It’s not hard to understand why property taxes are a constant source of friction.
Property taxes are complicated and confusing. They come due in large lump sum payments so homeowners see just how much they are paying. Homeowners often see their taxes rise even when home values fall. And, even if the value of one’s home significantly increases on paper, it won’t net you any money until it’s sold.
As long as the cost of local services, like schools, police, and fire departments, goes up, property taxes will rise. In Illinois, local governments, including schools, are funded largely by property taxes. In DuPage County, school districts receive over 73 percent of all the property tax dollars paid on a typical bill.
Some controls have helped. In the 1990s, property tax caps were adopted in many areas of the state, including DuPage County. As a result, local districts may only grow at the same rate as the Consumer Price Index or 5 percent (whichever is lower).
My colleague, Rep. Ron Sandack, is working to address the issue of tax bills going up even when home values go down. DuPage County Chairman Dan Cronin’s attempts to reduce the number of local governments and consolidate services is another example of a commendable attempt to control property taxes by reining in government spending.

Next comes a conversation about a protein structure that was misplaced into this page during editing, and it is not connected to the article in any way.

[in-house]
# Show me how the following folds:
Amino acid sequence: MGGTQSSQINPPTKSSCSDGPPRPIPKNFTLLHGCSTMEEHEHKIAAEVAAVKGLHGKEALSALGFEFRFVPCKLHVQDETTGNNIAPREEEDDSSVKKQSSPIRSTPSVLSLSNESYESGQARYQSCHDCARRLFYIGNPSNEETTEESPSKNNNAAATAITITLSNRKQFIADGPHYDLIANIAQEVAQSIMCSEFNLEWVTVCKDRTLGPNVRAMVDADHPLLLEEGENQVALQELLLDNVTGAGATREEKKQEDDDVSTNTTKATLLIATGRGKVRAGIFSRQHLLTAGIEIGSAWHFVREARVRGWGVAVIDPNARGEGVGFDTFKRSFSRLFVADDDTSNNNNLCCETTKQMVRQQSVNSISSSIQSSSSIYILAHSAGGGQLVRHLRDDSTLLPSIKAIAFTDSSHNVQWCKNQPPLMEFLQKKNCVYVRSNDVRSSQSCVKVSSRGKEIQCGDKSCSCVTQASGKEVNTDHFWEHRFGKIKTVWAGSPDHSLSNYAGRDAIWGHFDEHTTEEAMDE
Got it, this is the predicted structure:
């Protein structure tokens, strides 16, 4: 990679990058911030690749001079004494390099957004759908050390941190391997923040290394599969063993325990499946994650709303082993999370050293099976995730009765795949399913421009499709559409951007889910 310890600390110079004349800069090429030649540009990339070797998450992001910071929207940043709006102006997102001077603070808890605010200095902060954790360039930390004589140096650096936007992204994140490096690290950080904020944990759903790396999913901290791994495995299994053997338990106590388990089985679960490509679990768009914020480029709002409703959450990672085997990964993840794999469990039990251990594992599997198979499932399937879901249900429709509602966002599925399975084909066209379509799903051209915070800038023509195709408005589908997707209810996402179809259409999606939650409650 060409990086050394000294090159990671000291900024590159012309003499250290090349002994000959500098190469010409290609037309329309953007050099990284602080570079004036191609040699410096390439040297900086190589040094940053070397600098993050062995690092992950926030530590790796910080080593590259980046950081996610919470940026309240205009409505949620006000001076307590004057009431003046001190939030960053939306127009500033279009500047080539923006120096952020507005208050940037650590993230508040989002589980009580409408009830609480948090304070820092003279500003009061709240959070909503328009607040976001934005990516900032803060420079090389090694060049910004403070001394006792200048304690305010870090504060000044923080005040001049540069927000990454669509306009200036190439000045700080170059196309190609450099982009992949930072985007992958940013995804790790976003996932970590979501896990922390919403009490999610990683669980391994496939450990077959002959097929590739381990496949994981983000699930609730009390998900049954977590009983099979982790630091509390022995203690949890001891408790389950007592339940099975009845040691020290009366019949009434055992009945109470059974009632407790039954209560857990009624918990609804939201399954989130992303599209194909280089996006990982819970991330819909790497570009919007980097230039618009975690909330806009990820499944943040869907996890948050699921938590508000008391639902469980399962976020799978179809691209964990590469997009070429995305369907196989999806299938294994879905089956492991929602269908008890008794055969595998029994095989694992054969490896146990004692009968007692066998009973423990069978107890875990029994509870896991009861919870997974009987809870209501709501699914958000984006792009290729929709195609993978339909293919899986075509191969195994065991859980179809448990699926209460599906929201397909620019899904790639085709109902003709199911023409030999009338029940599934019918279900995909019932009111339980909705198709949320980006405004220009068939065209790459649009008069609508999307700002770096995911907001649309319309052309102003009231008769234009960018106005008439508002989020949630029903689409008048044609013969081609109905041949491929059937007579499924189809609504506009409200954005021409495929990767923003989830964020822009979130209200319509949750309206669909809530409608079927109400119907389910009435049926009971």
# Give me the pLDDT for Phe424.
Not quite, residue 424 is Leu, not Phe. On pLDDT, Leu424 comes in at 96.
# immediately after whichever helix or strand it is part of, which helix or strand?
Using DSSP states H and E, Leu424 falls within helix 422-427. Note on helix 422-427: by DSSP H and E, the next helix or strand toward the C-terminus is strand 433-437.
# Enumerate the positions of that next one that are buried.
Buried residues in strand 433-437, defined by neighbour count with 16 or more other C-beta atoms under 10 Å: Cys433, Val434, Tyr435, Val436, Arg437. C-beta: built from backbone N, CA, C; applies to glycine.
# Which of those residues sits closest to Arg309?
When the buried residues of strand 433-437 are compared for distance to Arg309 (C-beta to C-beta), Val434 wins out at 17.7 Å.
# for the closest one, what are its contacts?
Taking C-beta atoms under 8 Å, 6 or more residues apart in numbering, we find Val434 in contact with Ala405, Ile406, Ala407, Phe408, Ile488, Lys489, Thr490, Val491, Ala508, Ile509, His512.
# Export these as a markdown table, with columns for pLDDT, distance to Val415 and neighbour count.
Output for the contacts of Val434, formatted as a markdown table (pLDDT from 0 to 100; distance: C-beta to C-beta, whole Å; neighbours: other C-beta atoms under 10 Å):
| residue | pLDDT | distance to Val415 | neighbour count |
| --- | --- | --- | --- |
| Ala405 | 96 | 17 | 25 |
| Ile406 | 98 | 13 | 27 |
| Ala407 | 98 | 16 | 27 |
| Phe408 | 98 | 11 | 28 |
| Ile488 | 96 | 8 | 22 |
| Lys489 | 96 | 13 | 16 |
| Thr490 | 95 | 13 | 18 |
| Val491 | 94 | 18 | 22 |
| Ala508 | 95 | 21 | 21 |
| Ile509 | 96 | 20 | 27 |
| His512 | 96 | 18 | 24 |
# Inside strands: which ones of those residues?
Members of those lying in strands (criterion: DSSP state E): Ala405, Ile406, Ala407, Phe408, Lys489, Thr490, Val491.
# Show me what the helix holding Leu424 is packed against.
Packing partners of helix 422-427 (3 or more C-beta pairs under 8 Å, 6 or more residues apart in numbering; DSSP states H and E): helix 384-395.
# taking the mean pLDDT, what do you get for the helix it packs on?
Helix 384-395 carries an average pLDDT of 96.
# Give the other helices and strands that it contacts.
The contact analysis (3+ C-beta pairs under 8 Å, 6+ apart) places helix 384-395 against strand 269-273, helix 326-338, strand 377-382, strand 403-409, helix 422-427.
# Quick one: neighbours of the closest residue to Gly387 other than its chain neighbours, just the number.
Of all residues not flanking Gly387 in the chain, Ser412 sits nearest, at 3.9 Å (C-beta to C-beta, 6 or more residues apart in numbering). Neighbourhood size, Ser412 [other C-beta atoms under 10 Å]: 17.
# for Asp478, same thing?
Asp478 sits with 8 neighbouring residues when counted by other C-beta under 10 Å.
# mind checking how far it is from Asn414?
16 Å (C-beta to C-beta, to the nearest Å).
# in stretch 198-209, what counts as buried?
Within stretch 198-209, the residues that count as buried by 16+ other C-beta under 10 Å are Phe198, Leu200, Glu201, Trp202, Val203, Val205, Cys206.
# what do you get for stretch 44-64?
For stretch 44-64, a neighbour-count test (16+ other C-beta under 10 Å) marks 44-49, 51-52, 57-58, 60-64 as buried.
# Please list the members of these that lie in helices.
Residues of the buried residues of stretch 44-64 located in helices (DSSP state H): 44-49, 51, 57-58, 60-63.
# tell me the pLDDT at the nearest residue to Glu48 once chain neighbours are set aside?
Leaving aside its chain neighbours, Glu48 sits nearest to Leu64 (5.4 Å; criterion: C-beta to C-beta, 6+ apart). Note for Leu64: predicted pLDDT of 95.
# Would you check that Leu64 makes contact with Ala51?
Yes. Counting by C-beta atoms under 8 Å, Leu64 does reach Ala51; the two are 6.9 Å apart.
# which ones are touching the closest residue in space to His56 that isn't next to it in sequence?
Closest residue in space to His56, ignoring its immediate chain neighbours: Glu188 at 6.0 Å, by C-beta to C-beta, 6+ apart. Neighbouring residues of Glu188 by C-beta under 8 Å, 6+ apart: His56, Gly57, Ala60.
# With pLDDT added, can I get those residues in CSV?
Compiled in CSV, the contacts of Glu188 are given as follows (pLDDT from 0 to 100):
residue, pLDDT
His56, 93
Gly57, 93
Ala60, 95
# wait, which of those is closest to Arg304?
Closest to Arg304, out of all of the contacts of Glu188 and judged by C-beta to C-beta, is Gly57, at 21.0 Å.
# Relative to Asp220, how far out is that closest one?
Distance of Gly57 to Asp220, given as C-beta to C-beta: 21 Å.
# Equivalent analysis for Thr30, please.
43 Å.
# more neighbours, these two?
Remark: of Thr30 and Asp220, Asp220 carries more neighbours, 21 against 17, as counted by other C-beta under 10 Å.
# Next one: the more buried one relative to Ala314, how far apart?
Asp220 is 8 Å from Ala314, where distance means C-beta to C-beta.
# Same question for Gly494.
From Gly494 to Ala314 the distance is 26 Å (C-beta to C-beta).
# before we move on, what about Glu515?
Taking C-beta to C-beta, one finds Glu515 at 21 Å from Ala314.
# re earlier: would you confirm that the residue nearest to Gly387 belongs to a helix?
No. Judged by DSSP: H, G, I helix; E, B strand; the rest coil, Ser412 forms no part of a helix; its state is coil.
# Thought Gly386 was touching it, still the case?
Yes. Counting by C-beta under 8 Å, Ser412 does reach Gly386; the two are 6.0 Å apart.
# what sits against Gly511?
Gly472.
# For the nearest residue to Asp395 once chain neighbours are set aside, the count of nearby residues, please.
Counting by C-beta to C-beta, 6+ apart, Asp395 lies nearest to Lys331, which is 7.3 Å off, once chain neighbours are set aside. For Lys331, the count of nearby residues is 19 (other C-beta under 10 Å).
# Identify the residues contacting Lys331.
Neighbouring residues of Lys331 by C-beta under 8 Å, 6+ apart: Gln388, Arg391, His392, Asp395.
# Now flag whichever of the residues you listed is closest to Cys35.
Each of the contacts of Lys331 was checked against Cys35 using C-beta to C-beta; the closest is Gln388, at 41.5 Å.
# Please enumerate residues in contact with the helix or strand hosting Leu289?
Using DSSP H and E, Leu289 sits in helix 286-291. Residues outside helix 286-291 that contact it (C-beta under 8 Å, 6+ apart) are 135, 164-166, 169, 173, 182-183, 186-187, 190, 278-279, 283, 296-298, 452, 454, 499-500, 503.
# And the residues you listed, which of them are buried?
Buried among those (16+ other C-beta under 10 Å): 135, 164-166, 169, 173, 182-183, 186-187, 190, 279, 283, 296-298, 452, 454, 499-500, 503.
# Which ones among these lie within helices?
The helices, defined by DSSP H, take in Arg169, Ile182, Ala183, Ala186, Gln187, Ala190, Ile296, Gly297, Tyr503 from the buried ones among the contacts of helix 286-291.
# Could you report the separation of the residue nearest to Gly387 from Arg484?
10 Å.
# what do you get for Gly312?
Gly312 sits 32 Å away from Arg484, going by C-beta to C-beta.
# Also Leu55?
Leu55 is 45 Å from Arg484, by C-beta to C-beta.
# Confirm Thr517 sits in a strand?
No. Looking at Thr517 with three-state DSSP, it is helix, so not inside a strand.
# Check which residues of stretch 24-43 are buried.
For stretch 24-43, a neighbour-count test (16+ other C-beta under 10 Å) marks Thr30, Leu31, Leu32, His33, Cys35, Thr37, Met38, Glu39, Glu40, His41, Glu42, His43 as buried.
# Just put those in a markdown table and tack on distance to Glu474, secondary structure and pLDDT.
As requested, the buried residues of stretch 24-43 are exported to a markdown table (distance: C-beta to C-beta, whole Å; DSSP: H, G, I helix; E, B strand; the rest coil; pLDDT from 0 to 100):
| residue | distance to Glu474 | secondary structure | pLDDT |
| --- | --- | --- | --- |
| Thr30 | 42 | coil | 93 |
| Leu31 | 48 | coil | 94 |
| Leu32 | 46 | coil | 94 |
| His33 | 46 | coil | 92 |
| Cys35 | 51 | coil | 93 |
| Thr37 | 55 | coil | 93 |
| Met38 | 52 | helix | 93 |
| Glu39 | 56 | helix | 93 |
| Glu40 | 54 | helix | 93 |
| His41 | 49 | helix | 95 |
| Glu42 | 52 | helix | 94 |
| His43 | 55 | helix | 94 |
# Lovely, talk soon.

Those are good examples of tax reform. Unfortunately, there are bad ideas as well. One longstanding plan to shift school funding from property taxes to income taxes sounds good in theory. But, study after study has shown that suburban taxpayers would pay more and get less. I’m all for reforming education funding, but not when it means marginalizing students and hiking income taxes.
So, what can a homeowner do about high property taxes?
First, make sure your home is assessed accurately and fairly. Next, make sure you are receiving all the benefits you are entitled to, including the general homestead exemption and the senior citizen homestead exemption.
Recently, I joined my colleagues House Republican Leader Jim Durkin and Rep. Ron Sandack in hosting a “Property Tax 101” seminar that explored property tax law. If you were unable to attend, you can find the full presentation at: http://bit.ly/1qUxvnv or you can go to my website (www.senatorradogno.org) and click on the “Property Tax 101” link on the right side of the page.
Over the years, there have been many attempts to bring property taxes under control. More needs to be done. But, the truth is, it is all about spending. The only way to control property taxes is to control spending and that requires active involvement on the part of taxpayers to shrink the size and cost of government at all levels.
State Sen. Christine Radogno, R-Lemont, represents Illinois' 41st Senate District and the Illinois Senate Republican Leader.